I also found myself really loving the cadence of scripting in this issue. I despise Chichester’s original run’s scripting, and I wear that dislike on my sleeve to emphasize just how great it is here. Chichester’s tone as a scriptor has not left his pen, but his clarity and maturity as a writer absolutely has. While the book does show some age with Matt’s womanizing tendencies, it’s now framed as something within the character that he himself cannot shake as opposed to an omnipresent staple of the book’s natural tone.
There’s an elevated and evolved love for the character here. Chichester goes as far as making reference to current continuity. As an author, he isn’t here to do the curmudgeonly Claremont deed of sticking to his outdated tropes and bashing the modern day, but instead evolving alongside it while maintaining the heart and soul of the past being revisited. It is in every sense the perfect ‘nostalgia trip.’ It’s sleek, it’s new, but offers an atmosphere and narrative perspective on the Daredevil character that only something of its time can. There are times that as artists, creatives, or a passionate person in any field, we will fail. We are all possible at screwing up and finding ourselves in places where we either have to evolve, commit to becoming part of the machine, or die off completely. Chichester did the best thing possible, he evolved without sacrificing his stylistic integrity.
I would be remiss if I didn’t mention Netho Diaz’s art, which will lead naysayers to sit upon their rusted thrones of outdated comic book criticism and scoff at artwork that, for all of its throwback extremity, is incredibly dynamic. Diaz brings the soul of 90s visual work back but with the clarity of modern paneling. His layouts are not just creative, but they themselves help elevate the book’s script as they flow. He also does a great job accentuating smaller character moments, something that surprised me as his art style seems to be the kind to go above and beyond in action sequences but feel stunted when the story demands it to express humanity as opposed to just violence. Diaz isn’t just a throwaway artist with nostalgic talents but a genuine one that has a level of artistry unseen at Marvel right now, save for a few highlights.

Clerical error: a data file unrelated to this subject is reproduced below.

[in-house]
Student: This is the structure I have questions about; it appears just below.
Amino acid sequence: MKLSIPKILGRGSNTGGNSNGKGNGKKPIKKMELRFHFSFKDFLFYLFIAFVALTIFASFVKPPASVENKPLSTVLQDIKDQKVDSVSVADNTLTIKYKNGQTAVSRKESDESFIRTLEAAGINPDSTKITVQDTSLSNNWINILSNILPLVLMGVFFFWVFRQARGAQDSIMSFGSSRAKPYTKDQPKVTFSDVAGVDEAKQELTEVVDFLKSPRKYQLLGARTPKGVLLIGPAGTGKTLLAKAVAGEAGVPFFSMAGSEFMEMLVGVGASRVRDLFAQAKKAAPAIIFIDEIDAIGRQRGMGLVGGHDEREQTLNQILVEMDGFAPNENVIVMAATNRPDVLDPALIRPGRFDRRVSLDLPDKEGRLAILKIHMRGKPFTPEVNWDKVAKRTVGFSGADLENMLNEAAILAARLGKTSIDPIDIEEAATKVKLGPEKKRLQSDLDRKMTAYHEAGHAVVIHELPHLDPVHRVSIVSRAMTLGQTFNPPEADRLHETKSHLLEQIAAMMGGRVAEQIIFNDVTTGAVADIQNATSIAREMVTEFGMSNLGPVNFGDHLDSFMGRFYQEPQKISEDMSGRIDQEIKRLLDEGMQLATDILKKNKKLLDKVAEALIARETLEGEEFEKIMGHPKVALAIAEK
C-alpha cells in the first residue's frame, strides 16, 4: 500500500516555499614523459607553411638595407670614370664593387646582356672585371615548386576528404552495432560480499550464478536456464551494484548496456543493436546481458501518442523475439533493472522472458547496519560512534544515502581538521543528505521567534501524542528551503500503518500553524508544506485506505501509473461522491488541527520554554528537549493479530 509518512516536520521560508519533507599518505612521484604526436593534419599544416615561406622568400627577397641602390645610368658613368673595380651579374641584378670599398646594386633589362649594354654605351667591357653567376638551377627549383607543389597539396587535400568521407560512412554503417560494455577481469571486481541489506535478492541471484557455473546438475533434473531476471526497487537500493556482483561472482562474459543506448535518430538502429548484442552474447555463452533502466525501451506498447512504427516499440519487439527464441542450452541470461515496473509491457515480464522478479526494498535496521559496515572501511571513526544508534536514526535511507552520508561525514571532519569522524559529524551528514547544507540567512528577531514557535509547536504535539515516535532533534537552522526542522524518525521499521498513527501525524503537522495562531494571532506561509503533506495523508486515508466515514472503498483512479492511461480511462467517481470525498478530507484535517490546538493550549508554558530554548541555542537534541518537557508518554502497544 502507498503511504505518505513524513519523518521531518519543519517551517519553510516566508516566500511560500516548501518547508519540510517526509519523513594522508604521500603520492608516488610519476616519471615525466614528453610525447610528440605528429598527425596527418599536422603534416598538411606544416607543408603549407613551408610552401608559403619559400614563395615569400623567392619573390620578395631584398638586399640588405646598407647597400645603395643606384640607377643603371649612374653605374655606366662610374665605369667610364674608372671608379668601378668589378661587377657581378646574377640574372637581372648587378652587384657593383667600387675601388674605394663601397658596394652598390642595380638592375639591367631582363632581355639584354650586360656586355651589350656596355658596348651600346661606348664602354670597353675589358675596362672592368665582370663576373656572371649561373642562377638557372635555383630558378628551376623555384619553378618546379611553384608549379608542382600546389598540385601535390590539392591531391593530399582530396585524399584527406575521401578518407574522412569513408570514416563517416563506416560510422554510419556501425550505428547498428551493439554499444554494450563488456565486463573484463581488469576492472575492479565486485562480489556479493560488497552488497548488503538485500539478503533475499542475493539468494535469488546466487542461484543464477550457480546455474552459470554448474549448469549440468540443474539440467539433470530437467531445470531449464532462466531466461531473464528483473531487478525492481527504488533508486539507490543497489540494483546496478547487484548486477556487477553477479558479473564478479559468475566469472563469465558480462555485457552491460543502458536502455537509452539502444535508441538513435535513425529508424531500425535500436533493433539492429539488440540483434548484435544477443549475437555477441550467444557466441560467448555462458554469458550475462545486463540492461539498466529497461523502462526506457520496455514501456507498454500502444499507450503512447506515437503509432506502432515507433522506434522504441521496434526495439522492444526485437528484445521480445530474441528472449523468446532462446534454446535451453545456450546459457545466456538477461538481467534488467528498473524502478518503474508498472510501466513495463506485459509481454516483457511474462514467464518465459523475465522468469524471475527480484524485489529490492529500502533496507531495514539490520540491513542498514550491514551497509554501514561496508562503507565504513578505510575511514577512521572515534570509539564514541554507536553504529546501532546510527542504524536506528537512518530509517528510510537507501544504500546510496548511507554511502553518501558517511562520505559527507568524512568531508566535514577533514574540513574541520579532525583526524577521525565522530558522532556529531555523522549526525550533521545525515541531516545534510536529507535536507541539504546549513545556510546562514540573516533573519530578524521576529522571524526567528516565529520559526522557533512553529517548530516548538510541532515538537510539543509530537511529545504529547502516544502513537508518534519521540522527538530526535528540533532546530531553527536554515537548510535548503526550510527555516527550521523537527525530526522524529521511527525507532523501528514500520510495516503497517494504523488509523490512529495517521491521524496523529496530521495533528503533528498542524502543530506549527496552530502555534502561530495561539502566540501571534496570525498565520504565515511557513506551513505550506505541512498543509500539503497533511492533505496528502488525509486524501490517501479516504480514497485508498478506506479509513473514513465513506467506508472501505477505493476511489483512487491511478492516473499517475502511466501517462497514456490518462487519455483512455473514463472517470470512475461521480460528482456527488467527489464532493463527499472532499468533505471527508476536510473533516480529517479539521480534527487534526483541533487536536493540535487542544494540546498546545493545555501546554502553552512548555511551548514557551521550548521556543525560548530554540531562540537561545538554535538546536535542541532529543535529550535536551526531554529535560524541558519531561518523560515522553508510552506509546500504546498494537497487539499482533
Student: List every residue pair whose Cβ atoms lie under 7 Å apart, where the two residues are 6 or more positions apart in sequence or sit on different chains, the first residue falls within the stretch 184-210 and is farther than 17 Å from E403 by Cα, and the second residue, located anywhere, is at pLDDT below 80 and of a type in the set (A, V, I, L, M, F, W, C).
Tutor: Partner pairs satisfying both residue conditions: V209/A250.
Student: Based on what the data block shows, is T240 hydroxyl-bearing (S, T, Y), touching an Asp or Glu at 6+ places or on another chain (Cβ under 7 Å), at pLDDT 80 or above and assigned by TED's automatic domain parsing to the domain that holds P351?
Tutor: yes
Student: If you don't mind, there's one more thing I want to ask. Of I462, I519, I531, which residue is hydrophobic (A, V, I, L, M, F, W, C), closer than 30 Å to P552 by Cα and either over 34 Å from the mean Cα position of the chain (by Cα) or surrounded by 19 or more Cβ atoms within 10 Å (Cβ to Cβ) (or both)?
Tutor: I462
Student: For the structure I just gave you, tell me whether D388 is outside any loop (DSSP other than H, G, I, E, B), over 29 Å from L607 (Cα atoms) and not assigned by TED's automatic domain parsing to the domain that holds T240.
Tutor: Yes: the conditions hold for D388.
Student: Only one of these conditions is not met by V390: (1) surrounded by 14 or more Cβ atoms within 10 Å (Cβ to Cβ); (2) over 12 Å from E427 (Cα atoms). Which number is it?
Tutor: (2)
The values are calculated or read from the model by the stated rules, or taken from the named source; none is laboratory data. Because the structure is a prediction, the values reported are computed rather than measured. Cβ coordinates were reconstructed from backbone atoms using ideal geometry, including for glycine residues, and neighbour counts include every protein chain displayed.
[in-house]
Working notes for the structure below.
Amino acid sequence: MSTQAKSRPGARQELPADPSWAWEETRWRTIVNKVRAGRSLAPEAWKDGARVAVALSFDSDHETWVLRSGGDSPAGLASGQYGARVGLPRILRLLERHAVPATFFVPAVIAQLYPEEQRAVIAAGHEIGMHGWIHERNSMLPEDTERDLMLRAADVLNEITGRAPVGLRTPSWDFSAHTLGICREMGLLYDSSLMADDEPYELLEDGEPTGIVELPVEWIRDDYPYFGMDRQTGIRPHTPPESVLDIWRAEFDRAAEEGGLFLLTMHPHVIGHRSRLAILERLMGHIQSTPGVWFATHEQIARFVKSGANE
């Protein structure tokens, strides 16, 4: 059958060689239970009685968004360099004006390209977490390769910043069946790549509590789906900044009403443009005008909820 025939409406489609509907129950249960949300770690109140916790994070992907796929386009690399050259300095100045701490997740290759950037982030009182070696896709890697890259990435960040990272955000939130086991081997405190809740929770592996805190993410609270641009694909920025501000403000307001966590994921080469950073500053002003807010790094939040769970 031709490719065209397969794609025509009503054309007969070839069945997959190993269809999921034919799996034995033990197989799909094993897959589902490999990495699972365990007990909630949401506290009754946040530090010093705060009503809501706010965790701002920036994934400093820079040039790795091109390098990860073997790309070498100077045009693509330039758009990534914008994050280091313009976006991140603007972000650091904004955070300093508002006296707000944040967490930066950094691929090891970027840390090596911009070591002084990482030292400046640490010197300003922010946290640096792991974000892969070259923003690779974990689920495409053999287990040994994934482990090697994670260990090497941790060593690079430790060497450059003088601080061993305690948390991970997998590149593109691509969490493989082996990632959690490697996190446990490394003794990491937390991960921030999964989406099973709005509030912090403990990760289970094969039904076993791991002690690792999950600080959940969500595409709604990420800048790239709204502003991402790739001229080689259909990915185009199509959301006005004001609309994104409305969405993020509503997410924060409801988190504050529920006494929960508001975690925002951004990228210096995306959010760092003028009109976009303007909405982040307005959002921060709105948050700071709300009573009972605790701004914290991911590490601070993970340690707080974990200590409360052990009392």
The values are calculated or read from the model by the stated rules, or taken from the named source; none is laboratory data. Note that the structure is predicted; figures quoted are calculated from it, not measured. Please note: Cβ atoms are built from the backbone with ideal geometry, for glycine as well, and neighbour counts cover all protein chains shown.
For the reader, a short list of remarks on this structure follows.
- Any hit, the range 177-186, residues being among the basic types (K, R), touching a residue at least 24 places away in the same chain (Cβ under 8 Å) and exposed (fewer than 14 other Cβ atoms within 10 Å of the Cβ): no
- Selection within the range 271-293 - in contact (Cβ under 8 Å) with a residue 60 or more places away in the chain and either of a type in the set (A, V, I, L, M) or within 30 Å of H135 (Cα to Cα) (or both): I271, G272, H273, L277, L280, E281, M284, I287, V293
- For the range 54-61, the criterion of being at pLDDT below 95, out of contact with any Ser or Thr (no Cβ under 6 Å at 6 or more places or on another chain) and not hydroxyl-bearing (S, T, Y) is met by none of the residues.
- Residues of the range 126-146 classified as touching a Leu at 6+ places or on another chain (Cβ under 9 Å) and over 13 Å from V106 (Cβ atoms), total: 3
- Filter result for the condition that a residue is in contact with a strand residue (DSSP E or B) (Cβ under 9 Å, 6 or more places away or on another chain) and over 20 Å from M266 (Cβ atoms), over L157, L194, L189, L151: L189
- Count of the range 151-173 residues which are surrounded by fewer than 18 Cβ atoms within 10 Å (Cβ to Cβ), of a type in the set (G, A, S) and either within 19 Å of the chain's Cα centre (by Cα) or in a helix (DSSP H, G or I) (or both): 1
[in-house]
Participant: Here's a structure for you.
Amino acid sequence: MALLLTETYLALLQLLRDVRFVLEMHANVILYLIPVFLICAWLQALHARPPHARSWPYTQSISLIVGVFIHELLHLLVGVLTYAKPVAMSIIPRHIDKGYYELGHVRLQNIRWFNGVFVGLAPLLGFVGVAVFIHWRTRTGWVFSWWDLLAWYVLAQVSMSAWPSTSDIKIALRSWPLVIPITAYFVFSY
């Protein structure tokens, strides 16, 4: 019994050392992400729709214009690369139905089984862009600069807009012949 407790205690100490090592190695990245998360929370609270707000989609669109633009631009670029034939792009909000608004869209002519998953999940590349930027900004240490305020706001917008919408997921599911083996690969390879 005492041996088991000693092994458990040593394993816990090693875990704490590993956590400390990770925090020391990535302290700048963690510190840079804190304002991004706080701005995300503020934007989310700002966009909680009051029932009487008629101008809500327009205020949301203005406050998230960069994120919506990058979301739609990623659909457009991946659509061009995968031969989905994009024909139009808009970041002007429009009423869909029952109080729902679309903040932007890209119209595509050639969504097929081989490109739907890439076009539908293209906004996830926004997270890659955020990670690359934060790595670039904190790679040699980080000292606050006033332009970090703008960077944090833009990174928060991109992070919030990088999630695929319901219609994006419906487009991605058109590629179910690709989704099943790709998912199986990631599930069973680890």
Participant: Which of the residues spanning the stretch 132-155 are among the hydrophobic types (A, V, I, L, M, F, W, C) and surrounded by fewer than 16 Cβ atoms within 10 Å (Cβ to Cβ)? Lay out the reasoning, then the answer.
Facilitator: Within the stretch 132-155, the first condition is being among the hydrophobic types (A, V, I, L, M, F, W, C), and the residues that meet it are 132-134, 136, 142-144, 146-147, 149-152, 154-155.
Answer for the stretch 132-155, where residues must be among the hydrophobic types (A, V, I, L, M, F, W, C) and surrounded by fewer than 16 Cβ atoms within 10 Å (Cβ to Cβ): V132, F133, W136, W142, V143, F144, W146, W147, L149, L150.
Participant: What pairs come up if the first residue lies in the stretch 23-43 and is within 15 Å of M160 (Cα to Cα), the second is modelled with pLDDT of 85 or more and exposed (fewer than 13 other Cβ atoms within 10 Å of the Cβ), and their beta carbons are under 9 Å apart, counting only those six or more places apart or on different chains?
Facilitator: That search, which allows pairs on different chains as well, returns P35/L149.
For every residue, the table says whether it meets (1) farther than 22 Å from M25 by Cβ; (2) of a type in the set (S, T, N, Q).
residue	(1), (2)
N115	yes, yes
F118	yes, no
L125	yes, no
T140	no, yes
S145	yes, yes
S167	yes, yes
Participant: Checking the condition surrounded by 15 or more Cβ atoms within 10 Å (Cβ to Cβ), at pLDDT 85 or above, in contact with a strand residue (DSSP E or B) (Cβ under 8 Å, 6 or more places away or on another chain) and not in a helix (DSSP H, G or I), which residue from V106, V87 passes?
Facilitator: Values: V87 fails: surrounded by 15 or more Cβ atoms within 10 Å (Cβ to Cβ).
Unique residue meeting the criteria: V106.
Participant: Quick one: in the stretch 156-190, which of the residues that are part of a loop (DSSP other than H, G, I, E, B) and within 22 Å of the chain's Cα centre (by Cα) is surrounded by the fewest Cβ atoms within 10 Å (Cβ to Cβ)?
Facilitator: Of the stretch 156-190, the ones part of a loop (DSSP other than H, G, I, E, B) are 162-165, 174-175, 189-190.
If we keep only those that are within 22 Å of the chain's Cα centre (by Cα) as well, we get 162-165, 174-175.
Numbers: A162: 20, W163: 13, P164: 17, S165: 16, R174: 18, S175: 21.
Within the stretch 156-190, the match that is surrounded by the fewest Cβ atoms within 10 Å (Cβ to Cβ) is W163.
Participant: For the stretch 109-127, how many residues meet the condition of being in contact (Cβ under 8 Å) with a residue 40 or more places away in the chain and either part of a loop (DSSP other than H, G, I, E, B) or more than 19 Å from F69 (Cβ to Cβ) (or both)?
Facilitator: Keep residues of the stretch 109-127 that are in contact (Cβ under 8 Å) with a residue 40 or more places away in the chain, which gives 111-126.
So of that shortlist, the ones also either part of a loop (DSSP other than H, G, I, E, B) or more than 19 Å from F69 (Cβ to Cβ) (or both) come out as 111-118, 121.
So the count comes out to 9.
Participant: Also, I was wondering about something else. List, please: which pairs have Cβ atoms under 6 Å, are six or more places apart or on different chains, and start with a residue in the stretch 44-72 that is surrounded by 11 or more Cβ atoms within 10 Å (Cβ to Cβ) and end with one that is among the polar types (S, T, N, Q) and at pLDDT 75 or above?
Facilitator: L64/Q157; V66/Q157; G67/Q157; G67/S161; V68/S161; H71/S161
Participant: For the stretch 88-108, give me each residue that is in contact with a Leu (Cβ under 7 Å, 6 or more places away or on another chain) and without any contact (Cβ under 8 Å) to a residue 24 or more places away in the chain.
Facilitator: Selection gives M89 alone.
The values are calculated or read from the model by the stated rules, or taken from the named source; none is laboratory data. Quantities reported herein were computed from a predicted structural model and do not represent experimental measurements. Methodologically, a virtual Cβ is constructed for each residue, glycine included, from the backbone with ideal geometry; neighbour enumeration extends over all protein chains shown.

The only thing this series is missing is the absolute iconic cover art and imagery of Chichesters original run. While I love Mark Bagley as an interior artist, there’s just something so captivating abotu Scott McDaniel’s cover game from the time that this current title just isn’t matching. From the outside it wears the skin of yet another mundane nostalgic retread ala the current return to Superior Spider-Man, something Bagley is also doing covers on, that this book doesn’t quite fit the bill for.
After all that gushing, you may be wondering why this matters. Why a failed idea being rectified is so important. Well, for starters, it holds within something of substance that its launch partner, Marvel Super Heroes Secret Wars: Battleworld, doesn’t. Daredevil: Black Armor doesn’t exist solely to capitalize on an anniversary. Instead, this series is giving something forgotten its chance to shine with artistry stronger than it ever originally had. It’s a gateway into the strange parts of comic history and a chance for readers to escape a violent slog of repetitive nonsense that partially exists just to shovel off variant covers to ensure a safe bottom line.
It’s two birds with one stone, but whether or not Marvel learns the right lesson from this remains to be seen. What follows could either be a slew of cash-in mini-series, but this time with full focus on the 90s, or a continued focus on revitalizing the publisher’s darkest history with a shot of modern energy. I, for one, simply hope we get more of the latter than the former, and that Chichester gets continued chances to prove how much his abilities as a storyteller have evolved in the decades since his first crack at Daredevil.
The Hidden Importance of Daredevil: Black Armor